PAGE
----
BEAR CREEK TWP. — Maintaining all 46,274 acres comprising the Pinchot State Forest is a major task, but the state Department of Conservation and Natural Resources had a little help this summer.
The Pennsylvania Outdoor Corps spent the last six weeks working at DCNR’s state forests and parks in five locations throughout the state. The corps is made up of youths ages 15 to 18 who are paid for their time and travel from various parks and forests, doing the jobs that DCNR staff didn’t have time to do during the busy season.
On Wednesday, DCNR officials gave the kids a pat on the back as they gathered at the Seven Tubs Recreation Area to highlight the work performed by the crew of 10 high school students from the Wilkes-Barre area.
“The Pinchot State Forest is a new setting for us and a lot of work needs to be done,” said state forester Dan Devlin. “This youth program will help.”
Among the jobs tackled by the kids this summer were removing invasive plant species at Nescopeck State Park, staining and rebuilding stairs and conducting trail improvements at Frances Slocum State Park and building an informational kiosk at Seven Tubs.
This summer marked the first year for the program, which Devlin said was crucial to connecting youth to the outdoors. Over the last two decades, he said, the disconnect between youth and the outdoors has grown as agencies such as DCNR search for ways to reverse the trend.
“It’s something that has reached our radar,” he said. “Part of the purpose of this program is to connect youth with the outdoors, and have these young adults learn some skills for a potential job.”
State Rep. Gerald Mullery, D-Newport Township, reflected on the efforts with the state Legislature and Luzerne County to add acreage to the Pinchot State Forest, such as Moon Lake State Park and the Seven Tubs. When the state took the areas over, Mullery said, they needed work but still had potential.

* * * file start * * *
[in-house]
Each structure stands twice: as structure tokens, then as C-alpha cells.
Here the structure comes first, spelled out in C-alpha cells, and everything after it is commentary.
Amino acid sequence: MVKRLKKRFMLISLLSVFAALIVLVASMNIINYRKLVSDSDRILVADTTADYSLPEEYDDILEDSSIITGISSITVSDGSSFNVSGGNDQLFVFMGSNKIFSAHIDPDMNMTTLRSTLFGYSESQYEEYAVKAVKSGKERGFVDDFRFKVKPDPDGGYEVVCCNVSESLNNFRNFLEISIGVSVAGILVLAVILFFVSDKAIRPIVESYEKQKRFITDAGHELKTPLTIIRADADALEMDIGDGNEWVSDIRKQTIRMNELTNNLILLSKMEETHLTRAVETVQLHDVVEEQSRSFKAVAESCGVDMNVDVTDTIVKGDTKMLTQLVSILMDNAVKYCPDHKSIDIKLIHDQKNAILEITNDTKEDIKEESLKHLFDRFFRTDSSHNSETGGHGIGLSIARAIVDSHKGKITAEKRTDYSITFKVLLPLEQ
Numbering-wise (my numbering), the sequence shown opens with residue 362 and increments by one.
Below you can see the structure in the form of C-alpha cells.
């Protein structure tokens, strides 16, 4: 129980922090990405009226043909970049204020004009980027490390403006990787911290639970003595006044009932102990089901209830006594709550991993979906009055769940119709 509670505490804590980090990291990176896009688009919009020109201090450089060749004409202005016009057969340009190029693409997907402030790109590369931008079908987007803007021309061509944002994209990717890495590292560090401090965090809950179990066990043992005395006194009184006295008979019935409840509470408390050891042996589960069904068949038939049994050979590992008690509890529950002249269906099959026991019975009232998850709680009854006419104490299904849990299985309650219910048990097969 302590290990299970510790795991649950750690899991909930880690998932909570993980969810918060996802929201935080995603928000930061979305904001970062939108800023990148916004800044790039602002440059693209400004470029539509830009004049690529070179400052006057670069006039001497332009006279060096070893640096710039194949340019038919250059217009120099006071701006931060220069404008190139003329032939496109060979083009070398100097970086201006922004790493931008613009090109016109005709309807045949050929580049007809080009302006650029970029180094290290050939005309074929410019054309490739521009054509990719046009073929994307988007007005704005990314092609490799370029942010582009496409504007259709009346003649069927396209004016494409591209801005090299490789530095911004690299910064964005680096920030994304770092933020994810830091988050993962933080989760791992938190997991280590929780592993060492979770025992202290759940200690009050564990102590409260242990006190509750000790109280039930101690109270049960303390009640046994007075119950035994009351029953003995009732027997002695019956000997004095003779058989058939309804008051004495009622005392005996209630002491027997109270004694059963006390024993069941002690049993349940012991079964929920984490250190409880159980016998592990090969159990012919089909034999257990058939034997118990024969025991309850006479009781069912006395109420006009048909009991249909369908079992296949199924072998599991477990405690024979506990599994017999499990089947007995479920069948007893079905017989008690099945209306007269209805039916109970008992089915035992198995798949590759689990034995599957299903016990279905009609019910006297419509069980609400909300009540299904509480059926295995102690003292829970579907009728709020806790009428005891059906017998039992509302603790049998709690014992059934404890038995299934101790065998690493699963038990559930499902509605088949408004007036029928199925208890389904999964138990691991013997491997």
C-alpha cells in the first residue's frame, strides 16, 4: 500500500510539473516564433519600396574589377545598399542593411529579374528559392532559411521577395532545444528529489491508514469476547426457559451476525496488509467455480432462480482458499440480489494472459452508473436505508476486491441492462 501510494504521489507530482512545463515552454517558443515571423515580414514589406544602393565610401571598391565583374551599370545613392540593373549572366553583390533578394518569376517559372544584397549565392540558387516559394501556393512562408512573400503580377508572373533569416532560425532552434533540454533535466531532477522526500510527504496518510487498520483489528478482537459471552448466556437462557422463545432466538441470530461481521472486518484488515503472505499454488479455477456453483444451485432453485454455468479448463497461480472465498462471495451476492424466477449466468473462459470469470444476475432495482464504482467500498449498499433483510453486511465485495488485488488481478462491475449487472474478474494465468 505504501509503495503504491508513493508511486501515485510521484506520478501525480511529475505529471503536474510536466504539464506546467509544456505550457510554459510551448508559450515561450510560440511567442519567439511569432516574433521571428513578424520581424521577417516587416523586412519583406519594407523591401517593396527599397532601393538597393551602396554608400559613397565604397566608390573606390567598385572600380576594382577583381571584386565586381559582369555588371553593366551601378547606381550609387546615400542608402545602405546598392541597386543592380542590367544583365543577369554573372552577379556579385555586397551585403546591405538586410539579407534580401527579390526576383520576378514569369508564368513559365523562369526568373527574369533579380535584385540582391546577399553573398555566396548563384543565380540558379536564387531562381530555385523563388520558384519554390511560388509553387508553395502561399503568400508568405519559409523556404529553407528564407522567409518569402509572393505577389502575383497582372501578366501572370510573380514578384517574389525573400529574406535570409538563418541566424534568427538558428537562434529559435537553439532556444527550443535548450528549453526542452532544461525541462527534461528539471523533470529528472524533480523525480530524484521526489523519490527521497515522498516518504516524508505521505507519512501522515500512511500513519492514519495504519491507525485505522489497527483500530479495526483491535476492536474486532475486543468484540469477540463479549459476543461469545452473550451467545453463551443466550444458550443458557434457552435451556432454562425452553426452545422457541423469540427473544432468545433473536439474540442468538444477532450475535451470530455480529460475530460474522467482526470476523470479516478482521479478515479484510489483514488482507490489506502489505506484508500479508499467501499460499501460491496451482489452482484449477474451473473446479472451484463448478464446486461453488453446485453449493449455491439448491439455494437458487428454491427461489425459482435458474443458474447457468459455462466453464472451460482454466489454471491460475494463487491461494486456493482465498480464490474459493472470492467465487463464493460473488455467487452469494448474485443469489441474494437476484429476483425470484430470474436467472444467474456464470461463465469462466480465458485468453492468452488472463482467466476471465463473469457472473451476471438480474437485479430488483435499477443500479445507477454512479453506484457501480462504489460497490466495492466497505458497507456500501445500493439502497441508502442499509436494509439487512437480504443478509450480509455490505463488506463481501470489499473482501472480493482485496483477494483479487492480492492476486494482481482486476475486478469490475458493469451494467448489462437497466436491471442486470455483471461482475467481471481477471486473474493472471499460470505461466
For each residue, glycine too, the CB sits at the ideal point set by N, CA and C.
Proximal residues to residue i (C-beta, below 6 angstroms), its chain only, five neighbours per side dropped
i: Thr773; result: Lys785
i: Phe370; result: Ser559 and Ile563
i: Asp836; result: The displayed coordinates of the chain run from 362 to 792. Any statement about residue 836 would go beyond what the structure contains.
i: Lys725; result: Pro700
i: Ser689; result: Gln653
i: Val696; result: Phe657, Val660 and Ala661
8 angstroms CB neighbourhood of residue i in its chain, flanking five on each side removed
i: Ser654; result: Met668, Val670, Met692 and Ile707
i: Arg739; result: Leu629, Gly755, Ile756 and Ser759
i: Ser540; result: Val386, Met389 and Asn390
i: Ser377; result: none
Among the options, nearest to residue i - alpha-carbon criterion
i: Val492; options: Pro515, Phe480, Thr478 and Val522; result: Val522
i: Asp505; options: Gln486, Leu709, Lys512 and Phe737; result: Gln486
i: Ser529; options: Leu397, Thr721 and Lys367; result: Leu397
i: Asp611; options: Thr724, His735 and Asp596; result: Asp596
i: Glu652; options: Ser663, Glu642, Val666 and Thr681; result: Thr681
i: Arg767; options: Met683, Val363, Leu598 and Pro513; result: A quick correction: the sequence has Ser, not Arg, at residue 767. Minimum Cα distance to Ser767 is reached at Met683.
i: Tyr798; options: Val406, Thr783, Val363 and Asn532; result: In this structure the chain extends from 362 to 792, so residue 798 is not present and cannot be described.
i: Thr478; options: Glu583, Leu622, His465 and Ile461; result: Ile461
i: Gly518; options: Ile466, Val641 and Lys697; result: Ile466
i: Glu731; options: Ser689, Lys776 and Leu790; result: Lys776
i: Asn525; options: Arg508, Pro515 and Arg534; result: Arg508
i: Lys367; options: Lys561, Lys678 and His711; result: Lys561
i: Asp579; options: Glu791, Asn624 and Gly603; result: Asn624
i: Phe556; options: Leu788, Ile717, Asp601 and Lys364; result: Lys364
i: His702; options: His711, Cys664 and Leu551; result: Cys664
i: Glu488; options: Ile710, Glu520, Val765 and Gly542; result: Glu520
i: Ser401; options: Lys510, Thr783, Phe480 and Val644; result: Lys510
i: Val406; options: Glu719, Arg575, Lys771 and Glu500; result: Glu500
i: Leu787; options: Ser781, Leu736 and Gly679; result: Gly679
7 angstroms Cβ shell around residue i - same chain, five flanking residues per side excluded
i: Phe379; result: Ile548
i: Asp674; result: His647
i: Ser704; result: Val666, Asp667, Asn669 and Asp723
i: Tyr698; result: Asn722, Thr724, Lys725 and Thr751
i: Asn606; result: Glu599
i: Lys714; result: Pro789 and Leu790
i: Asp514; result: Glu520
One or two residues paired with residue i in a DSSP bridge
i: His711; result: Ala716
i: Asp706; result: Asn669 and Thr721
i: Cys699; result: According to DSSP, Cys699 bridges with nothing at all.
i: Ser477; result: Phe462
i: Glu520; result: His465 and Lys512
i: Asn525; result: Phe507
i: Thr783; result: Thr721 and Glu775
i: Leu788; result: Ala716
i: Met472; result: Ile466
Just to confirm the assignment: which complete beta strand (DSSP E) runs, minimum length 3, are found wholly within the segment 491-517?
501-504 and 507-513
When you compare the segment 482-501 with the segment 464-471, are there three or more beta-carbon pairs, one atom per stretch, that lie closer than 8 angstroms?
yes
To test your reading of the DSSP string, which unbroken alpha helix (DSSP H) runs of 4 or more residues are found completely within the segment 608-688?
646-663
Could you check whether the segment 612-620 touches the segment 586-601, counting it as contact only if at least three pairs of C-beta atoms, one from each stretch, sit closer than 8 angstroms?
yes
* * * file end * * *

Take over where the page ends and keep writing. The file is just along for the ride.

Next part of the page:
The work of the kids in the corps is helping to realize that potential, he said.
“When we worked with Luzerne County to make this happen, this is what we envisioned,” Mullery said. “Anything we can do as a commonwealth to get more young people out into the woods is worthwhile.”
The Pennsylvania Outdoor Corps is currently a pilot program, and a similar group for those ages 18 to 25 will begin in March.
Devlin was optimistic that the program will be brought back next summer.
“This is the beginning of the program. Across the state, everyone has been really impressed with the young adults they’ve been dealing with and the work they’ve done,” Devlin said. “We thought it went extremely well.”
So did the kids.
West Pittston resident Oscar Wolf, 15, said his time with the corps this summer taught him not only about conservation, but also the importance of working as a team to get things done.
“When you work with other people to improve things at our parks, it really can have a positive effect on the environment,” Wolf said.
Alex Waskovich, 16, called the program “the best summer job you could have” and said he would enroll again next year if it’s brought back.
“I liked the fact that we were outside, and the type of work we did had a result that we’ll be able to see for years to come,” Waskovich said. “I look forward to returning with my friends to show them what we did.”
Reach Tom Venesky at 570-991-6395 or on Twitter @TLTomVenesky.